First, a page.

A councillor of Indian descent whose family was drawn to New Zealand by the prospect of working fertile soil says Franklin needs to stay "as green as possible".
The parents of Magan Ranchhod, a Franklin District councillor, arrived in New Zealand in the 1920s and grew greens, onions and potatoes in the Bombay Hills' rich, volcanic earth.
Mr Ranchhod is standing for the Pukekohe local board - one of three boards in the new ward - because he felt the need to preserve the district's most precious resource, its green spaces.
As a councillor he has worked on the district growth strategy, which planned to keep any major development around established townships.
"We will have growth in Franklin for certain, but we want that growth to occur in a certain area so we are not using up our land which is used for cropping and farming.
"It is my duty to see that these policies are not impeded in any way, so they dovetail into the Auckland Council's programmes."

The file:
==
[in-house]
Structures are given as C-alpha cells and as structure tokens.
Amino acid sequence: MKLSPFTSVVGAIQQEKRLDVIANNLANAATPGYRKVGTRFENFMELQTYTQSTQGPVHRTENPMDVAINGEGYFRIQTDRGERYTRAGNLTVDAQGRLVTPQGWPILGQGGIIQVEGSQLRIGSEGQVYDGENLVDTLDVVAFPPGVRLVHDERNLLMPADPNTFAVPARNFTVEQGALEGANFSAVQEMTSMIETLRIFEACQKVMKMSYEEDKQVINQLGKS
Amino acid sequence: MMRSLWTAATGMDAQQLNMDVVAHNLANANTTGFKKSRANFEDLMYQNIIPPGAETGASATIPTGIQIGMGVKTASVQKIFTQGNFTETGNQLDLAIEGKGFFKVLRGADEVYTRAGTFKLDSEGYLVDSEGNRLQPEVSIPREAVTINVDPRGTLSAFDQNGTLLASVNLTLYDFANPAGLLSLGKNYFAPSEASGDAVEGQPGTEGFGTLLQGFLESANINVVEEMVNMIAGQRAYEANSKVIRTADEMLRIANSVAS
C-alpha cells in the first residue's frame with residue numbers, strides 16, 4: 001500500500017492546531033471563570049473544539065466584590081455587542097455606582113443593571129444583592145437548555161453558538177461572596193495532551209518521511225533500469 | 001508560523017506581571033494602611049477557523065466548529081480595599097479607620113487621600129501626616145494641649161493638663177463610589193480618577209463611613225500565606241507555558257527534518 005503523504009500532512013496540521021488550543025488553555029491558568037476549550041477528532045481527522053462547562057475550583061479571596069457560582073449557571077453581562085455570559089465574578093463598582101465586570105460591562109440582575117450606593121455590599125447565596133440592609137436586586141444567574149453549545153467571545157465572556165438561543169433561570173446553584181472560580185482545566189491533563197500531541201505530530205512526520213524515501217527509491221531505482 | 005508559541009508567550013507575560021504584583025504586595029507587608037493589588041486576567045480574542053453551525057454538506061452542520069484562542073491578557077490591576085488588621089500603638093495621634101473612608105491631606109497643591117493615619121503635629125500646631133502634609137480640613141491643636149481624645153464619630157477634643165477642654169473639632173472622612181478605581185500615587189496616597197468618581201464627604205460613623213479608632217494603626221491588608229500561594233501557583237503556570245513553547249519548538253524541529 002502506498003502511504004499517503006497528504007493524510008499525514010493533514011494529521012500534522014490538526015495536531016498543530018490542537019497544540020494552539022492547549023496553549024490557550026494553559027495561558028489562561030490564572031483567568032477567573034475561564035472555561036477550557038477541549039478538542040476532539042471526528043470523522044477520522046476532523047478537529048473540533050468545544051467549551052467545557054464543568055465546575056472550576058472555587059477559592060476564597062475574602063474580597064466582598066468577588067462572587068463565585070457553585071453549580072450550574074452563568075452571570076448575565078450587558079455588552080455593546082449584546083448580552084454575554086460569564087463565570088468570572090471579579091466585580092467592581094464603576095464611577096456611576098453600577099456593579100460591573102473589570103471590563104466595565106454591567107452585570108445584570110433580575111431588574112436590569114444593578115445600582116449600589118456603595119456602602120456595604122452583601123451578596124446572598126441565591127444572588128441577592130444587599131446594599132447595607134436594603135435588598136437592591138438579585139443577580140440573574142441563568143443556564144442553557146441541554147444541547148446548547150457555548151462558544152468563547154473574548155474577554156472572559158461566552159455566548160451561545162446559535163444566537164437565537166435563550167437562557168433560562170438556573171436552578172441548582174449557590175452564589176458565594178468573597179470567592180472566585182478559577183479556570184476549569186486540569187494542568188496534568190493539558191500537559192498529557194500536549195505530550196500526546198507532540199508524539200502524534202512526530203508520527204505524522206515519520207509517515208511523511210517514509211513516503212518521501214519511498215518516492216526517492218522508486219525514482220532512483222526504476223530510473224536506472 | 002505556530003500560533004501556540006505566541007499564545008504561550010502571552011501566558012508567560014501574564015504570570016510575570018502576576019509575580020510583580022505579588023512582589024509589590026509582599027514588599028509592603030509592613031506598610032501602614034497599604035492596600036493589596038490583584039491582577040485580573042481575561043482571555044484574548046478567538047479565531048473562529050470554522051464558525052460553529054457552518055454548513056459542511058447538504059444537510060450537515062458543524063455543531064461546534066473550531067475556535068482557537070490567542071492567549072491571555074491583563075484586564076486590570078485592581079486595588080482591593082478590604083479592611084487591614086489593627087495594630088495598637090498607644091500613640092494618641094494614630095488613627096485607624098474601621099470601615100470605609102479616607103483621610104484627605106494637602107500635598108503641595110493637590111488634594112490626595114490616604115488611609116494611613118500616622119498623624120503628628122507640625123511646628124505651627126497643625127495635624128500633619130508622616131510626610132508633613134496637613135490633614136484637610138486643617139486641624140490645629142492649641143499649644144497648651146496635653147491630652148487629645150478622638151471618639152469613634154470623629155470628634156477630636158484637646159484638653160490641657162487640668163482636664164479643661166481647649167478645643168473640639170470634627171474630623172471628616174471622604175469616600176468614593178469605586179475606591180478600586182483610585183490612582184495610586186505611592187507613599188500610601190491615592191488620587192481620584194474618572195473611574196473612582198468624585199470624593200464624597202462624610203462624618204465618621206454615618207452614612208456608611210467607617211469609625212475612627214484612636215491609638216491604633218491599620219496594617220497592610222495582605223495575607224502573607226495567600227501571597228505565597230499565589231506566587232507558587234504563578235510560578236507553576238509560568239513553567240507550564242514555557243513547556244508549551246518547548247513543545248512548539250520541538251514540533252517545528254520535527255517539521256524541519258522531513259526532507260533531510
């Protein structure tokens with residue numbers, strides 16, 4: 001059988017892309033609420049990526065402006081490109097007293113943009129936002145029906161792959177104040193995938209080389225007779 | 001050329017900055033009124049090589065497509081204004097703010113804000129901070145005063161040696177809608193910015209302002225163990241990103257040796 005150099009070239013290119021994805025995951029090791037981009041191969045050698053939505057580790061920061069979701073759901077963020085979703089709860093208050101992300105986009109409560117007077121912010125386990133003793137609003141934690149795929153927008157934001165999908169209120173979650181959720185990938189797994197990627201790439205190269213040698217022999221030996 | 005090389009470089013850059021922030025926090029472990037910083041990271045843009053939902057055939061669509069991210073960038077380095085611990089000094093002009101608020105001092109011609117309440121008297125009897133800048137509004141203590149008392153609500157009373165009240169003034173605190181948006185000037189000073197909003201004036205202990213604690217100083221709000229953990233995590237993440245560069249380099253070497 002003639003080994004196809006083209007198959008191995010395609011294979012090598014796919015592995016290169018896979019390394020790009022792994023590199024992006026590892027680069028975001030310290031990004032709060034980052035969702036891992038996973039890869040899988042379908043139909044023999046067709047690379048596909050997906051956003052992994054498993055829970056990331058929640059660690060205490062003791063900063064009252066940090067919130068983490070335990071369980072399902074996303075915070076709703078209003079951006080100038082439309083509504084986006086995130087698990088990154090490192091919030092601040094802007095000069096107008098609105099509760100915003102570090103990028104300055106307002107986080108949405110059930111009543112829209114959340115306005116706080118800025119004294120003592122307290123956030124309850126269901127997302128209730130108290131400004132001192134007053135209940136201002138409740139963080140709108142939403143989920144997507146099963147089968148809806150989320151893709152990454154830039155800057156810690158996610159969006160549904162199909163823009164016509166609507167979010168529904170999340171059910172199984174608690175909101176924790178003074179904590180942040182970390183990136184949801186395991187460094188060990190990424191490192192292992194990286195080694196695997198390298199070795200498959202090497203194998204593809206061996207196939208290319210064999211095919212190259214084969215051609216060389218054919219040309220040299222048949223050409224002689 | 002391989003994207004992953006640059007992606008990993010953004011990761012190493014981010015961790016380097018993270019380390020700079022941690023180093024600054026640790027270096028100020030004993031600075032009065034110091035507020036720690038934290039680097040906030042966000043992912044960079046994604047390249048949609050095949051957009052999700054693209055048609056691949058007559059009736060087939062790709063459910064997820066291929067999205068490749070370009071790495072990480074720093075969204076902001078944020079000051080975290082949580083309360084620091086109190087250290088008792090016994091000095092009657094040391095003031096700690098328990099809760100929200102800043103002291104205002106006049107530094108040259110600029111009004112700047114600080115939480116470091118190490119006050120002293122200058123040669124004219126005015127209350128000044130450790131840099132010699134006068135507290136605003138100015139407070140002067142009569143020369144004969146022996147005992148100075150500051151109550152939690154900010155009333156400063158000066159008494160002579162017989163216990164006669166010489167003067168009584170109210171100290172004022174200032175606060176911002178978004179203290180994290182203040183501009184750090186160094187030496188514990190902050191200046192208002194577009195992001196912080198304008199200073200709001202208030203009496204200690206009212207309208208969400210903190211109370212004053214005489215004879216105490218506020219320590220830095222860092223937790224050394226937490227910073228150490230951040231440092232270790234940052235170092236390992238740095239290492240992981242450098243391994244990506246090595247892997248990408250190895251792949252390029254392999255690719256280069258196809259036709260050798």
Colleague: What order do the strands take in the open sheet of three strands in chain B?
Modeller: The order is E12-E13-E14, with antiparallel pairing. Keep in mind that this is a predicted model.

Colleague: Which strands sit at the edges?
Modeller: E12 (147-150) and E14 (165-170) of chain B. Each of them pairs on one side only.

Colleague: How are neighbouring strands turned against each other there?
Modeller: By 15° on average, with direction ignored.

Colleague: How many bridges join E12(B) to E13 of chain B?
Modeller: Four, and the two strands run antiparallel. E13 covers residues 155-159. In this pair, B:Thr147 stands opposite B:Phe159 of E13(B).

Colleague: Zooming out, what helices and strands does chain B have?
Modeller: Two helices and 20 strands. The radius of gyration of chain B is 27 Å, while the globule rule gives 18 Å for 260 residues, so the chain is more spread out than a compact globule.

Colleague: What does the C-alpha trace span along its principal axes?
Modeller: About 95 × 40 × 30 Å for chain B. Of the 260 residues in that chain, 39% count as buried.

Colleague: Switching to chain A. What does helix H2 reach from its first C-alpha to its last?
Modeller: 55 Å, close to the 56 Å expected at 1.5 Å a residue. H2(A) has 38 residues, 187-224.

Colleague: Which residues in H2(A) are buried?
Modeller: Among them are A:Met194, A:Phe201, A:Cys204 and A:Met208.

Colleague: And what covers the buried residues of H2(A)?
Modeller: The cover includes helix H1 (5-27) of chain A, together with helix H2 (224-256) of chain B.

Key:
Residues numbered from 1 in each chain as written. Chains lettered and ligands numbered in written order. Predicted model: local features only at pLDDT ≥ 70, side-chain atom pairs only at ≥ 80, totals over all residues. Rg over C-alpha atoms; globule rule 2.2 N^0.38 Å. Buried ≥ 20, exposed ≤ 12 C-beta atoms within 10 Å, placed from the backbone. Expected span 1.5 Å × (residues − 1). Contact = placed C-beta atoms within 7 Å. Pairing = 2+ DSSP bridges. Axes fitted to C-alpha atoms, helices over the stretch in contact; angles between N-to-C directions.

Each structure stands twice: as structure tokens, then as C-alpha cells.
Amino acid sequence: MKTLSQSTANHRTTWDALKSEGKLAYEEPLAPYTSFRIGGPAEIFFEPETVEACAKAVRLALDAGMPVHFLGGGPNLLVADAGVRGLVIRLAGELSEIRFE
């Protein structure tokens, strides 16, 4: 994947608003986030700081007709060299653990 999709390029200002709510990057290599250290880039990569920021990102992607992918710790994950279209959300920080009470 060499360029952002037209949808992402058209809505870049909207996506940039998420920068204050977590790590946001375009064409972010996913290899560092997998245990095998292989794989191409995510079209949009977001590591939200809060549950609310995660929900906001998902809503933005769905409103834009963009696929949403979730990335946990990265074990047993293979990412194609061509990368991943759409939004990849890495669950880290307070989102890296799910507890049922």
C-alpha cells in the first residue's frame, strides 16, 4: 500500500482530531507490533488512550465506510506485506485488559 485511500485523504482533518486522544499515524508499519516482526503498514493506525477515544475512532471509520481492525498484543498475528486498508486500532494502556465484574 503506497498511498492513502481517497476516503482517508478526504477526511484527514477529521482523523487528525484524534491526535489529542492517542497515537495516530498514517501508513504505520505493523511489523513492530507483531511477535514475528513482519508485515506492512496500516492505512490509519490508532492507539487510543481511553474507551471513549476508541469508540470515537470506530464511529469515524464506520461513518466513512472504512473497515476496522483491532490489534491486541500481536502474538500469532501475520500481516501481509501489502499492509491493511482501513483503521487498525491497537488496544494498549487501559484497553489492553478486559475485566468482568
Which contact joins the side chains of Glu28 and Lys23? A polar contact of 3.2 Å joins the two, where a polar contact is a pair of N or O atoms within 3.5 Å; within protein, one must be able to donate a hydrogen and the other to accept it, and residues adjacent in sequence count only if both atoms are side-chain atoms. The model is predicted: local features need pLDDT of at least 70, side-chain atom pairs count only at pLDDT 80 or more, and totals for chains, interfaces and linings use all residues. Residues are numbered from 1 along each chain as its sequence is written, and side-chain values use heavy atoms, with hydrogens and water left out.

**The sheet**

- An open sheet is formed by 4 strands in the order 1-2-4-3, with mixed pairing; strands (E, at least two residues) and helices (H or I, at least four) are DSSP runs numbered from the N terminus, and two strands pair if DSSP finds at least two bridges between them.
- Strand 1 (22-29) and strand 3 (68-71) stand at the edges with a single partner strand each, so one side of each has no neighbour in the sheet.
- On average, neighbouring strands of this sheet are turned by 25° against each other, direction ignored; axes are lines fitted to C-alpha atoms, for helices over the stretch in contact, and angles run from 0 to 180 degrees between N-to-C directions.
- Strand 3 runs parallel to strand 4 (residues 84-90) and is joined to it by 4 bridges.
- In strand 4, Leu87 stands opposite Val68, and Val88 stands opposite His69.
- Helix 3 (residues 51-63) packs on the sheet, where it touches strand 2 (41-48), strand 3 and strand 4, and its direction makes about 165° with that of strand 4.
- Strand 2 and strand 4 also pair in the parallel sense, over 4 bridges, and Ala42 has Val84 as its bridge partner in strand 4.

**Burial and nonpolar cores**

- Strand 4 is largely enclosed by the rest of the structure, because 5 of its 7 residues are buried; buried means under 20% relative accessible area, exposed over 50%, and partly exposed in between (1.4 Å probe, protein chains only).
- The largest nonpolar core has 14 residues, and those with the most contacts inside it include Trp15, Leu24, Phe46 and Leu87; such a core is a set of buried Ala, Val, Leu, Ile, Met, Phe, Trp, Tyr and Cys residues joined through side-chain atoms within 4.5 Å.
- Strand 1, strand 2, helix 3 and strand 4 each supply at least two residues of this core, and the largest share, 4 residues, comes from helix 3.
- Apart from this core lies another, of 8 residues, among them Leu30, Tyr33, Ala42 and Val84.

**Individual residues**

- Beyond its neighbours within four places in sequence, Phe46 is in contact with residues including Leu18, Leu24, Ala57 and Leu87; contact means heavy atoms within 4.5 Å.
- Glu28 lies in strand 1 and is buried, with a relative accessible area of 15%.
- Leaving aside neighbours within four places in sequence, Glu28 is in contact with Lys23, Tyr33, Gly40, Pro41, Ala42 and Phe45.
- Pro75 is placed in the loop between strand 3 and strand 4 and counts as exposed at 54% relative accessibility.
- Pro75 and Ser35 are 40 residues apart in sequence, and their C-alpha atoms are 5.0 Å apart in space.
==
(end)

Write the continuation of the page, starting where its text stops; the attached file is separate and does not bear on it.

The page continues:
Mr Ranchhod helped in his parents' paddocks before studying engineering at the University of Auckland, and later working in telecommunications.
Franklin is nearly 80 per cent Pakeha, but it has small Asian and Indian communities which have deep roots in the region.
The main campaigning issue for most local board candidates in the three wards (Pukekohe, Wairoa, and Waiuku) was ensuring the rural voice was not lost in the new council.
Community groups were also concerned that if urban sprawl continued unabated residents would be "rated off" their land as it was subdivided and used for housing instead of farming or horticulture.
Candidates in Waiuku also wanted to promote tourism in the region, by continuing to clear the coast of mangroves and encouraging the return of ferry services from Auckland.
For a full list of candidates go to aucklandcouncil.govt.nz